By Elaine Cohen
Brian came to her home at exactly six-thirty as Marie knew he would. With Brian, you never wondered if he would show up—always, always on time. God, she loved that, that never wondering.
Good evening,” Brian said.
She smiled. “Good evening.” She was tired of the casual men who muttered, “Hey babe,” as they brushed by her. She loathed their stained t-shirts and ripped shorts and the sound of sandals flip-flopping dirt across her tile floor. She liked Brian’s formality, his coat and tie and that, on the hottest day, he never perspired.
Marie had laid out the table with her English dishes and the antique candelabra set her mother gave her. The white linen tablecloth was new and had intricate swirling designs sewn in. She thought it quietly stylish, elegant, like Brian.
She poured the wine and served the salad, hoping that Brian noticed the table. That maybe he would say something about it or the food or her hair or her dress.
But Brian talked about the Middle East and the latest peace plan. He worried it wouldn’t hold and that fighting would start. Marie nodded in agreement, but secretly reveled in the sound of his words. The long vowels and sharp consonants, his deep tone and smooth speech filled her being. She wished he would say “Marie” again and again so she could hear her name on his voice.
While Marie served the soup, a thick pumpkin spice soup that took two days to prepare, Brian talked of the economy. To her the economy was like a tornado, potentially devastating but out of her control. So why worry? Brian worried. He mentioned big companies firing people and the difficulty in finding new jobs.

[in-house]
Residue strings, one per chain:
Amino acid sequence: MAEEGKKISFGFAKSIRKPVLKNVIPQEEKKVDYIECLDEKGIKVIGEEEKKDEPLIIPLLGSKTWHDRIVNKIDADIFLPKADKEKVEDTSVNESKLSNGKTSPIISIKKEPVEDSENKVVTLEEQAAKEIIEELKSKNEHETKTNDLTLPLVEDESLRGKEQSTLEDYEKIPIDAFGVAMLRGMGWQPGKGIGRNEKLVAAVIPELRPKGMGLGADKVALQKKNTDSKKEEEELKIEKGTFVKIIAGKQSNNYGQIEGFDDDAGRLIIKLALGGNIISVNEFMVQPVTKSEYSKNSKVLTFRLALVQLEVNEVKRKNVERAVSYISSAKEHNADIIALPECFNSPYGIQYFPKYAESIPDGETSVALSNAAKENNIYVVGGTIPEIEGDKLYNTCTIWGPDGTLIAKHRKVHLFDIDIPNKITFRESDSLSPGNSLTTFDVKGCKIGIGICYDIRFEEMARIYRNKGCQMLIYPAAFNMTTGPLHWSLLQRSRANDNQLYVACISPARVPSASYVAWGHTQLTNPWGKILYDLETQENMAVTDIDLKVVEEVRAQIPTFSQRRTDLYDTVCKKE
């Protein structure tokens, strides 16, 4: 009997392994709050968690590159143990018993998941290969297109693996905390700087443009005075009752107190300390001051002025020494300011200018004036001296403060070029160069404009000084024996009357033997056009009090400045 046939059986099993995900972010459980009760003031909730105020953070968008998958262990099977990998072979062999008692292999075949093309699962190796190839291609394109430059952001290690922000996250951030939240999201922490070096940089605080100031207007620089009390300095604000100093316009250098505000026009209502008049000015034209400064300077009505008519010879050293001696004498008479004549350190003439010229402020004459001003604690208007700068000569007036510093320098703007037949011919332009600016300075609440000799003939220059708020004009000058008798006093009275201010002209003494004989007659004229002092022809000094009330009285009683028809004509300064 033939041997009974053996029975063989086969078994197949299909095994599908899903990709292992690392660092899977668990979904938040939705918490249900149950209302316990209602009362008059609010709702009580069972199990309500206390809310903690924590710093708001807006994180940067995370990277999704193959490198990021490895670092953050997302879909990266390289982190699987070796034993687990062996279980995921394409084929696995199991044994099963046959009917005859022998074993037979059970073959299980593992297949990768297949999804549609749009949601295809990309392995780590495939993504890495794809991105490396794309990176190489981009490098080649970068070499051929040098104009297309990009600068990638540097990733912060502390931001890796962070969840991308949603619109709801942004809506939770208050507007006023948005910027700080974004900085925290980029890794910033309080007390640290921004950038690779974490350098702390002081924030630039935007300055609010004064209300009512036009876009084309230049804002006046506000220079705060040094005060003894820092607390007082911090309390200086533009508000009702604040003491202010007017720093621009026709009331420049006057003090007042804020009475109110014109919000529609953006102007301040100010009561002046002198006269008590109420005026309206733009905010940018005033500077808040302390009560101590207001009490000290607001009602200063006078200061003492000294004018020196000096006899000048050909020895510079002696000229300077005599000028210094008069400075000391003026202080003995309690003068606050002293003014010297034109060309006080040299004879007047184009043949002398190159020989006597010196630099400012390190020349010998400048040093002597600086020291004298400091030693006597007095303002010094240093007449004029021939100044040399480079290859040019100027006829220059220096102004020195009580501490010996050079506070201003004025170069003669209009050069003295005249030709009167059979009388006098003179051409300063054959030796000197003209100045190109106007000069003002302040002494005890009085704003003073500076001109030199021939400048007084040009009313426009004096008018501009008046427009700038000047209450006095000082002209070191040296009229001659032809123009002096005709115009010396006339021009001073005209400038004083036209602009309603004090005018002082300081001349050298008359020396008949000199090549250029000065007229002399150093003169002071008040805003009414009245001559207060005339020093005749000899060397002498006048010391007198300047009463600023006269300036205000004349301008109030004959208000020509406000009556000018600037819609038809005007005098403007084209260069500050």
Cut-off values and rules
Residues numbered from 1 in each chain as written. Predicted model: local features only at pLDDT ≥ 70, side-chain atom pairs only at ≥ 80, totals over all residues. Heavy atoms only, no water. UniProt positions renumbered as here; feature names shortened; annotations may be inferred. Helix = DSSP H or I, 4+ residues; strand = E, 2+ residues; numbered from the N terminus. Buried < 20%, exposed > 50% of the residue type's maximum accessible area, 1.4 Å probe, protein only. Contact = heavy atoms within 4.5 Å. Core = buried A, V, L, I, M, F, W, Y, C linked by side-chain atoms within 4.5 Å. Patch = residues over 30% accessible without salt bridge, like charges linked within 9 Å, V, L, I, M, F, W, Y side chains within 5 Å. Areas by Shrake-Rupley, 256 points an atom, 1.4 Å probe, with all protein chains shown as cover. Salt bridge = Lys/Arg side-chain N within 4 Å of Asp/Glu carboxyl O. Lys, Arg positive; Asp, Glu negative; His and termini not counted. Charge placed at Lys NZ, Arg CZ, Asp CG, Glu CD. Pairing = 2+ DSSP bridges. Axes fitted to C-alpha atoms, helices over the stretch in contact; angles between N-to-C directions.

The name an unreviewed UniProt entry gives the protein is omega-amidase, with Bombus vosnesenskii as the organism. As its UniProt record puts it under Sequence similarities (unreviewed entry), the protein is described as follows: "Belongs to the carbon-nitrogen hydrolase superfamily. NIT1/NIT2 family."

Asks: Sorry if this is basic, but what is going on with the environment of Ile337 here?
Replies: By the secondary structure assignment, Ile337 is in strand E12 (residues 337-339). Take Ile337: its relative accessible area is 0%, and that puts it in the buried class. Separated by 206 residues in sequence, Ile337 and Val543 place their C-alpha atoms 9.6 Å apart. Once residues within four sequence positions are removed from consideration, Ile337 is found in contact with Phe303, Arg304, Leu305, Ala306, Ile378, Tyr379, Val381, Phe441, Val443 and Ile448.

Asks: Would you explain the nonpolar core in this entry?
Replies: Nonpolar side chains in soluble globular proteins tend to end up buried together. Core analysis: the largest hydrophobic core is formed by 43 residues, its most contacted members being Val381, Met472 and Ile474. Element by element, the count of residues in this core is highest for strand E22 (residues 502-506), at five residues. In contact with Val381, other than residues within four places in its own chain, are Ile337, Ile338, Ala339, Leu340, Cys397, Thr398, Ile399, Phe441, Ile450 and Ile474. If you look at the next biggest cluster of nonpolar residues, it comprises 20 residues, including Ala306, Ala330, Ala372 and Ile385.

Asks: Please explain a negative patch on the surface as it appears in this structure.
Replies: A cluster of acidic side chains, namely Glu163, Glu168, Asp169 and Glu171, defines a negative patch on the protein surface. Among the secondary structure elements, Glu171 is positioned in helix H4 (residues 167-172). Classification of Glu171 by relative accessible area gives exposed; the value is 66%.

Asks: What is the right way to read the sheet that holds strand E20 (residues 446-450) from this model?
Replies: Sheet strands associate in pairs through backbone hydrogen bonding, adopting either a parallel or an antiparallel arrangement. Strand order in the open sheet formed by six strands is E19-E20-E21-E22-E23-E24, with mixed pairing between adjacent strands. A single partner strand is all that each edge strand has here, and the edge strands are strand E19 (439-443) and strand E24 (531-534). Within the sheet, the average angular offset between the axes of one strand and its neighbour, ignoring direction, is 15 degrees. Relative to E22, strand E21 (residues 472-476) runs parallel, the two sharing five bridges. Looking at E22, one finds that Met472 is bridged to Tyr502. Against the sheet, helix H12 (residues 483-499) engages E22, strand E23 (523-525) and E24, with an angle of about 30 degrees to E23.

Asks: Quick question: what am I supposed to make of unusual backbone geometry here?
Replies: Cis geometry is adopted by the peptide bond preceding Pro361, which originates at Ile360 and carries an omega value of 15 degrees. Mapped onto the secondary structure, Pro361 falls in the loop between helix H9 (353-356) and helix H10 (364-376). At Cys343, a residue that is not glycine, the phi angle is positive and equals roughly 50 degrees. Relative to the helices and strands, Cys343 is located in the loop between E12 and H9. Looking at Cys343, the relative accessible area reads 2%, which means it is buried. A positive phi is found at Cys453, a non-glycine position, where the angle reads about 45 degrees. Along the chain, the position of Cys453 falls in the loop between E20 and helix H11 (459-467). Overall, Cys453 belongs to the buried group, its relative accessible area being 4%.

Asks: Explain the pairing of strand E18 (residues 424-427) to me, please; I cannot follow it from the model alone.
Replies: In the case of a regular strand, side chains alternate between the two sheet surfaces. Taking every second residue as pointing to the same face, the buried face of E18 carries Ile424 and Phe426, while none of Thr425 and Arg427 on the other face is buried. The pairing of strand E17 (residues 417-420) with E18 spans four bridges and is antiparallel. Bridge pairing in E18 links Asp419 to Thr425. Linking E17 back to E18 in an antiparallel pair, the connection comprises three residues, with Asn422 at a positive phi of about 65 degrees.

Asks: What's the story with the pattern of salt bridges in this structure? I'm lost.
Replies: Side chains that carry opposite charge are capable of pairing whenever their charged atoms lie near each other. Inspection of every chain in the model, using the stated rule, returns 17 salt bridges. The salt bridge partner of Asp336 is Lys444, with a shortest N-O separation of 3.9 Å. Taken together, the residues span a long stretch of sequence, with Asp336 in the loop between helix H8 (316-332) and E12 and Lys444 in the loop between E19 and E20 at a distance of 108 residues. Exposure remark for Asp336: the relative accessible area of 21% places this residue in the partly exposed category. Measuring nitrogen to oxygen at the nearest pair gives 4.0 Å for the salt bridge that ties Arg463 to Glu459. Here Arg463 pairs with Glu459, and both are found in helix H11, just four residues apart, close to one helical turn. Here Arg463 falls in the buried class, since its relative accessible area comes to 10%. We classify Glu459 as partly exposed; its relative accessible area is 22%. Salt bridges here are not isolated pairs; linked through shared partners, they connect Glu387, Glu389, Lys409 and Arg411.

Marie said, “There’s some talk at my place about layoffs, bookkeepers, auditors.” Then she lied, “Maybe even my job.” For a moment she thought she broke through. A brief wave of sympathy passed in his eyes, a microsecond of tenderness. But then Brian began spouting statistics and he never mentioned the soup.
As Marie brought out the steaks, marinated and seared to perfection, Brian told her about Sudan and the children there. Damn him. Why bring up starving children when she’s serving steak? Couldn’t Brian forget the world for one night, one meal, one course?
Maybe she should just drop Brian. There’s that guy on the third floor, Charlie something. She’d met him a few times in the laundry room. He was overweight and he sweated, but if you ignored the perspiration he seemed okay. Besides, he genuinely liked Marie. Maybe she should invite him to dinner. As Brian droned on about some Washington scandal, Marie made a promise. By God, she would do it. Tomorrow she would invite heavy, sweaty Charlie.
Now Brian was talking about a businessman who cut profits to save jobs at his factory. Screw it, she thought.
What about this dinner, Brian? Have anything to say about this dinner?”
Brian smiled. He looked right at her and smiled. A burst of warmth exploded in Marie filling her to the edge of her soul. He did care. He did.
That’s our report. I’m Brian Tobacki. Thanks for joining us. From all of us at CBR News, good night.”
And then Brian left. Marie reached for the remote and turned off the TV. Tomorrow would be better. Tomorrow she would make a fantastic dinner that Brian really liked. Maybe he would stay for dessert. He cared. She knew he cared.